I must say, however, that if a conspiracy threat is wiped away and trust is renewed with two lines of dialog, then it probably wasn't much of a convincing theory in the first place—certainly not enough to have the close-and-friendly captain and first officer second-guessing each other. (Yes, indeed—as Janeway said, the whole thing's a house of cards.)
I did enjoy Seven's approach when detailing her theories to Chakotay and (later) Janeway—which is basically "assault with masses of facts." It ultimately isn't convincing as theory, but I liked the urgency projected by Seven's fast-and-furious deployment of fact after fact, the attitude of the scenes occasionally laced with humorous incredulity.
Alas, the "character-building" ending, where Janeway tries to reason with the crazed Seven, did not impress me. The problem, I think, is that Seven is finally reaching that point where the human lessons are beginning to tire. Last week she learned a lesson in "One Small Step." Now we're supplied yet another example of Janeway playing the maternal figure. A "been there, done that" attitude begins to take shape. The schmaltz is pushed a bit hard. And then in the wrap-up scene, Seven explains to Naomi Wildman (never just "Naomi," always "Naomi Wildman") that quality time spent is more important than quantity. Maybe someone should tell that to missing-in-action Mom, Samantha.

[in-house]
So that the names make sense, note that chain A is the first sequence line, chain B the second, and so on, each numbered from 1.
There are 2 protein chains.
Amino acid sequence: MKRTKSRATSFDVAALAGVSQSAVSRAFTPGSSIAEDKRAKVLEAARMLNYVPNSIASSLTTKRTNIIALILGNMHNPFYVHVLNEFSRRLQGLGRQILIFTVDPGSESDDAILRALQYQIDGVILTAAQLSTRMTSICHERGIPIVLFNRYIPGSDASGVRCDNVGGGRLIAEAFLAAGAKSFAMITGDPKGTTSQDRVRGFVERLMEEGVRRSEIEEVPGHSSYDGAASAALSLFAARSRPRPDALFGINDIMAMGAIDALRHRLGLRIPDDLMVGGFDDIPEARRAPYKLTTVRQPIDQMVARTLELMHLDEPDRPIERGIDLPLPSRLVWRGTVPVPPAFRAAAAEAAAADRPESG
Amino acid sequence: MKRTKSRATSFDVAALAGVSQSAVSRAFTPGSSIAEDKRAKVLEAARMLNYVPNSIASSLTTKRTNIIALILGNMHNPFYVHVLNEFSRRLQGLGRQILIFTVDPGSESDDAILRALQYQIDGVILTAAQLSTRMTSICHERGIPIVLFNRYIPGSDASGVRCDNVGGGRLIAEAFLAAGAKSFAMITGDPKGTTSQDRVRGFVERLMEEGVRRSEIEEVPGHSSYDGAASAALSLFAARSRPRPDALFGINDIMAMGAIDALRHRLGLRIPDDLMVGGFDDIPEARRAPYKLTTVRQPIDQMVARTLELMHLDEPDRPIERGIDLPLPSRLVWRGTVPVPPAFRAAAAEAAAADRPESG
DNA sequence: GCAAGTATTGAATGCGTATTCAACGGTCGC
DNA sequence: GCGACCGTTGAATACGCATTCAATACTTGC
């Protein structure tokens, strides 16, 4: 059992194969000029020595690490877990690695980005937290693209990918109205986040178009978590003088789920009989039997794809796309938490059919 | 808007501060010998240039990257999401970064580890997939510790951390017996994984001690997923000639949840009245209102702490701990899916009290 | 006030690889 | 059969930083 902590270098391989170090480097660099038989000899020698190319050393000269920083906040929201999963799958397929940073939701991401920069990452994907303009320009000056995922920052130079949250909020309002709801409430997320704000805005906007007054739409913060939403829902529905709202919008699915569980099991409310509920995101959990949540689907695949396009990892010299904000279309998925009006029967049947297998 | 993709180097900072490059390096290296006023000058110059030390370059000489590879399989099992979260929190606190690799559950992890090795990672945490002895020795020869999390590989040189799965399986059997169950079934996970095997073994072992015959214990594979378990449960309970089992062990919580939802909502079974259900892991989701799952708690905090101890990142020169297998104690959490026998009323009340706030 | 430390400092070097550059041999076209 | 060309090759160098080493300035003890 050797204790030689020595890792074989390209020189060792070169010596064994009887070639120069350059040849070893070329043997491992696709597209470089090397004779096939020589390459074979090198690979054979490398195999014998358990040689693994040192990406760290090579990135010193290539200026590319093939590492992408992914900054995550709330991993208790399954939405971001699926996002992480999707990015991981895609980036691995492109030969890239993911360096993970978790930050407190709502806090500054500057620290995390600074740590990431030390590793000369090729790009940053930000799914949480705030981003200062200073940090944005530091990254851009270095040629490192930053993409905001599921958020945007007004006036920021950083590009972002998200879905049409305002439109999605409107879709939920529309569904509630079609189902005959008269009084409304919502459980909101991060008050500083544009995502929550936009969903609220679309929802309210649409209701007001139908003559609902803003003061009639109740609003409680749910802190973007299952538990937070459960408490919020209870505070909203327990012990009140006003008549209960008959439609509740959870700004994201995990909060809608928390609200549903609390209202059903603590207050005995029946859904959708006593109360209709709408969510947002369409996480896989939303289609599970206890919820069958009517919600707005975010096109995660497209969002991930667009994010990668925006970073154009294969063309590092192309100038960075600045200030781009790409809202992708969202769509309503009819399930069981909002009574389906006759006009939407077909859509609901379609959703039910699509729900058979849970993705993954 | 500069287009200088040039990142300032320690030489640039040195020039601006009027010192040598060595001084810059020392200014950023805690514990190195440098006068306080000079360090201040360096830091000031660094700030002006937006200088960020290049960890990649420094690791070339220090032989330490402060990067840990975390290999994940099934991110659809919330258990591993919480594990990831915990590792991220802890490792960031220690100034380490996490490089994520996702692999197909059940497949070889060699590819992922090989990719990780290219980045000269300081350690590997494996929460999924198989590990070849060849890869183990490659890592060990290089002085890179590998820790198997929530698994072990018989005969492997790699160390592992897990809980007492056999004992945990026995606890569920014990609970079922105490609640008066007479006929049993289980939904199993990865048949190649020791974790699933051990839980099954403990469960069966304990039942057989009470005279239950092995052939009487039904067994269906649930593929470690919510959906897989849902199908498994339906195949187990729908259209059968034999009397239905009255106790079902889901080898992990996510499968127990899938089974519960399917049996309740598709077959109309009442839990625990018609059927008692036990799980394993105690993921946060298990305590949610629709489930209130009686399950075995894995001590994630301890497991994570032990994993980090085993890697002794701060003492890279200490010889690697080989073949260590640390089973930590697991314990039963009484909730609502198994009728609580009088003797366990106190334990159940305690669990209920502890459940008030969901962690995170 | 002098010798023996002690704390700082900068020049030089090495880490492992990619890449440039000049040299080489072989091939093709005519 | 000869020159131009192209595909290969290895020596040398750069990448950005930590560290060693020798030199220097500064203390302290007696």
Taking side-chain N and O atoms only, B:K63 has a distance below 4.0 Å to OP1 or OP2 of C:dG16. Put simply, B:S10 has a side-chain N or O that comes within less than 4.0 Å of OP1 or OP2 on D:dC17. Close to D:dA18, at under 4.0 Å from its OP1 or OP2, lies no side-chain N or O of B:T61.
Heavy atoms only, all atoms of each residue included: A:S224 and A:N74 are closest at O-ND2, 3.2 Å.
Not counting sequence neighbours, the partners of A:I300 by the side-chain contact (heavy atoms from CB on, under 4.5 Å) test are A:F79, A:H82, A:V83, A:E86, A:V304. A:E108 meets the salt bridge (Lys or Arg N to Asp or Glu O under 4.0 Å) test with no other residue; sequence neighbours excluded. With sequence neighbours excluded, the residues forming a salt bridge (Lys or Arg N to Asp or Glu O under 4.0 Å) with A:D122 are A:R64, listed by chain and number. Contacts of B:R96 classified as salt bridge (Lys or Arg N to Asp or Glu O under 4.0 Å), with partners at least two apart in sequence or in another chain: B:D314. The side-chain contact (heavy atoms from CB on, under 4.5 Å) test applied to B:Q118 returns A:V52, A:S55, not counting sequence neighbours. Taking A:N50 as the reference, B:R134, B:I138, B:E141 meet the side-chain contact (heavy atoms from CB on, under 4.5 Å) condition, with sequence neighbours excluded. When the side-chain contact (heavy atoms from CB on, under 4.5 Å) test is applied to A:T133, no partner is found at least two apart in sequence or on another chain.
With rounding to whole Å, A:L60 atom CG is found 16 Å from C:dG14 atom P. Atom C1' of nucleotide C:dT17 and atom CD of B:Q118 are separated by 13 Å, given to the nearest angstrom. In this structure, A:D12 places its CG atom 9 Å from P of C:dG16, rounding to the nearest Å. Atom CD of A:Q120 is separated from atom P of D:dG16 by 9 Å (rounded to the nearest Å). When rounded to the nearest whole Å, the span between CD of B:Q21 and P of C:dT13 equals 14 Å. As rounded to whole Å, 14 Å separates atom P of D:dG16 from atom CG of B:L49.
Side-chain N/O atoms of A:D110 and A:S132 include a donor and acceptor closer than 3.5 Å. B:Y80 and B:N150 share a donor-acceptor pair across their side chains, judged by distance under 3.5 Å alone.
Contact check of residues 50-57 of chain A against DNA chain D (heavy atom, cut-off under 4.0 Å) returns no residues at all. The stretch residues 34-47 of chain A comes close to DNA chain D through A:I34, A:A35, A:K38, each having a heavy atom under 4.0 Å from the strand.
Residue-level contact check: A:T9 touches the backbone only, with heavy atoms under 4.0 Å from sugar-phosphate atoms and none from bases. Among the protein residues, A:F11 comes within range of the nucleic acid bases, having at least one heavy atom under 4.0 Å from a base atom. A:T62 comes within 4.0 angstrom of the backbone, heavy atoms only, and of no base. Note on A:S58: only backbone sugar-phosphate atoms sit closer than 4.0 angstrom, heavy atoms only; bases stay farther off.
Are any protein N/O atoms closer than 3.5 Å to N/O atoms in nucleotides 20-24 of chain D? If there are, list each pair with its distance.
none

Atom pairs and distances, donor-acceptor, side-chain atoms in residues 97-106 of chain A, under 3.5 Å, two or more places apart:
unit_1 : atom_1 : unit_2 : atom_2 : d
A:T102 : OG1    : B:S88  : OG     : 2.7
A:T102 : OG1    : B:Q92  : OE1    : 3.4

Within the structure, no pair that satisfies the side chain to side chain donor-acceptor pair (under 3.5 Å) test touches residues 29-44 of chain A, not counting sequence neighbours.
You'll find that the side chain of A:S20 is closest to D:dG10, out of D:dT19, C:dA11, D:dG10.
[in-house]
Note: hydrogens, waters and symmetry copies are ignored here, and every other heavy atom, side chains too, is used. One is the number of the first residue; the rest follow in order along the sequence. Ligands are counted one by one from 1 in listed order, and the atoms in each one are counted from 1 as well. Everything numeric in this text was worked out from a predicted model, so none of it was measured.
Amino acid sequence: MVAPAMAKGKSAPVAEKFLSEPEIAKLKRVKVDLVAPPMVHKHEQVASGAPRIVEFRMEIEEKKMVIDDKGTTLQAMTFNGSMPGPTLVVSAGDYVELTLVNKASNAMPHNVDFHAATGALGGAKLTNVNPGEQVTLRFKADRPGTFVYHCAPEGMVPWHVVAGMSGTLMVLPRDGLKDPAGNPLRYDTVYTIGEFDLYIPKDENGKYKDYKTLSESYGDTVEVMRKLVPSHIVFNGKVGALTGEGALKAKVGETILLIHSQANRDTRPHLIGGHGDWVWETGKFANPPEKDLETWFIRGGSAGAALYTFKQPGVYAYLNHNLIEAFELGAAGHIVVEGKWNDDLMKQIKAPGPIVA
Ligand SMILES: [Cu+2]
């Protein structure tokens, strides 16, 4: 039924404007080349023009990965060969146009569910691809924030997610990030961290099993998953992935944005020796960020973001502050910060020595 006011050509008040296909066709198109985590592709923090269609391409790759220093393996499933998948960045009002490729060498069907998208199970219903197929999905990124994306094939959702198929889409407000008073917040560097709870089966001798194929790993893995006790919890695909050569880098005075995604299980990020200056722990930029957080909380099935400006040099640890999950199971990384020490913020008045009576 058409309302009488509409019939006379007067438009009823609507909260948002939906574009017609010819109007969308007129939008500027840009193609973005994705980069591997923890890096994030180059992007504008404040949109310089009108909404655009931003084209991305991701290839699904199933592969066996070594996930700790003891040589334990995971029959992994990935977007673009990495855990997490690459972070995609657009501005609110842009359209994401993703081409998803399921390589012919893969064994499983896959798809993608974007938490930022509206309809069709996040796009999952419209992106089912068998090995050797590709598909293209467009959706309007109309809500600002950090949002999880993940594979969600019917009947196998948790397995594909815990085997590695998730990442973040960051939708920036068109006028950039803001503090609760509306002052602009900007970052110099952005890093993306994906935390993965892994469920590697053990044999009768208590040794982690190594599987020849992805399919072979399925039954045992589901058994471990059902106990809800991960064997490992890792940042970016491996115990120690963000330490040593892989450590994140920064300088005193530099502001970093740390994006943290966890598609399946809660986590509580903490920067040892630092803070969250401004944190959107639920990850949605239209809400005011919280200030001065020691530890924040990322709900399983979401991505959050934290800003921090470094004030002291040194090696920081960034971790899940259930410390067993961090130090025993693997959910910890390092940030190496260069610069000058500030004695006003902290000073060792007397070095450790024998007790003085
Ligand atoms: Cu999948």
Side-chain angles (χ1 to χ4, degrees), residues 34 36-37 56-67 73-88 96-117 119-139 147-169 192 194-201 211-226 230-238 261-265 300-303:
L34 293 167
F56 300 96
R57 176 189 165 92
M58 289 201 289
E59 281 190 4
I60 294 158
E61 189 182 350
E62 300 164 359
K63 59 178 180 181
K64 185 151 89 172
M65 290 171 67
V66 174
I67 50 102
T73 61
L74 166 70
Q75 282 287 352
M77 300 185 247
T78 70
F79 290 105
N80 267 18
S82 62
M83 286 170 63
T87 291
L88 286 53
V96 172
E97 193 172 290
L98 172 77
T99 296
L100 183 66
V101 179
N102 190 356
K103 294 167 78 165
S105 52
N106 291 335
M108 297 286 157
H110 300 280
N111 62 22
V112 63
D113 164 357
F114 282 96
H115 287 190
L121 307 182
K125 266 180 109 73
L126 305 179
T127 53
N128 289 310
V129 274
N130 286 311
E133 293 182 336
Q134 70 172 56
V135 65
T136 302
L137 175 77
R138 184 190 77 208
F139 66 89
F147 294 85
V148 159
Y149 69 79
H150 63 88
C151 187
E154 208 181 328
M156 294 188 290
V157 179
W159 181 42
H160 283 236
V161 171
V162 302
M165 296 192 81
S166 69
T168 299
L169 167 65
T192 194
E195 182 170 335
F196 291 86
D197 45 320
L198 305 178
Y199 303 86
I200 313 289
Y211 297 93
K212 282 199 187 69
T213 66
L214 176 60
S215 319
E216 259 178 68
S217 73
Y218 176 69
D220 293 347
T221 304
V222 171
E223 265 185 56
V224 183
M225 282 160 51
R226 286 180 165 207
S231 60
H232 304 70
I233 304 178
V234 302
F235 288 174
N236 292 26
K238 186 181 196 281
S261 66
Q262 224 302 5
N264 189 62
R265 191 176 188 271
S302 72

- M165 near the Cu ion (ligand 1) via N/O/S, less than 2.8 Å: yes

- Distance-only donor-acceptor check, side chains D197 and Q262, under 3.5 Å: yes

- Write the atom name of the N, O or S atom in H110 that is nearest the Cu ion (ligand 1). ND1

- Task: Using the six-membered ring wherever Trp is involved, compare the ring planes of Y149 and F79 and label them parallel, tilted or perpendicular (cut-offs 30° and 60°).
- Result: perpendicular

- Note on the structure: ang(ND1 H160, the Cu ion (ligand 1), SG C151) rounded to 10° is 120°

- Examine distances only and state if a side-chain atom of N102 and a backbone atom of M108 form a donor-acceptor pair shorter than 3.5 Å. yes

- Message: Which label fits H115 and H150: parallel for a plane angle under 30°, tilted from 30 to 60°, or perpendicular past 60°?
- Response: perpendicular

Also gnawing at me is whether Seven is supposed to be a computer or a person, and what has the final say in the control of her mind—computer malfunctions or brain functions capable of making final decisions. Janeway is able to overcome the computer by getting through to the human, but the road to be wary of is the one that has Seven becoming more like Data.
Despite the plot qualms, I sort of liked "The Voyager Conspiracy." It's fairly entertaining, well acted, and with a good premise and plenty of cleverness. But the myriad of facts doesn't add up, and brings down whatever in the plot we're supposed to take seriously. Maybe there simply wasn't supposed to be a plot to begin with. I could've lived with that if the episode wasn't so set on investing so much in that nonexistent would-be plot, only to give us another lesson for Seven. At the end, our house of cards is a deck scattered all over the room, all over the Delta Quadrant.
Next week: Years later, and even on another series, Barclay still has trouble with holodeck addiction. Maybe Counselor Troi can help.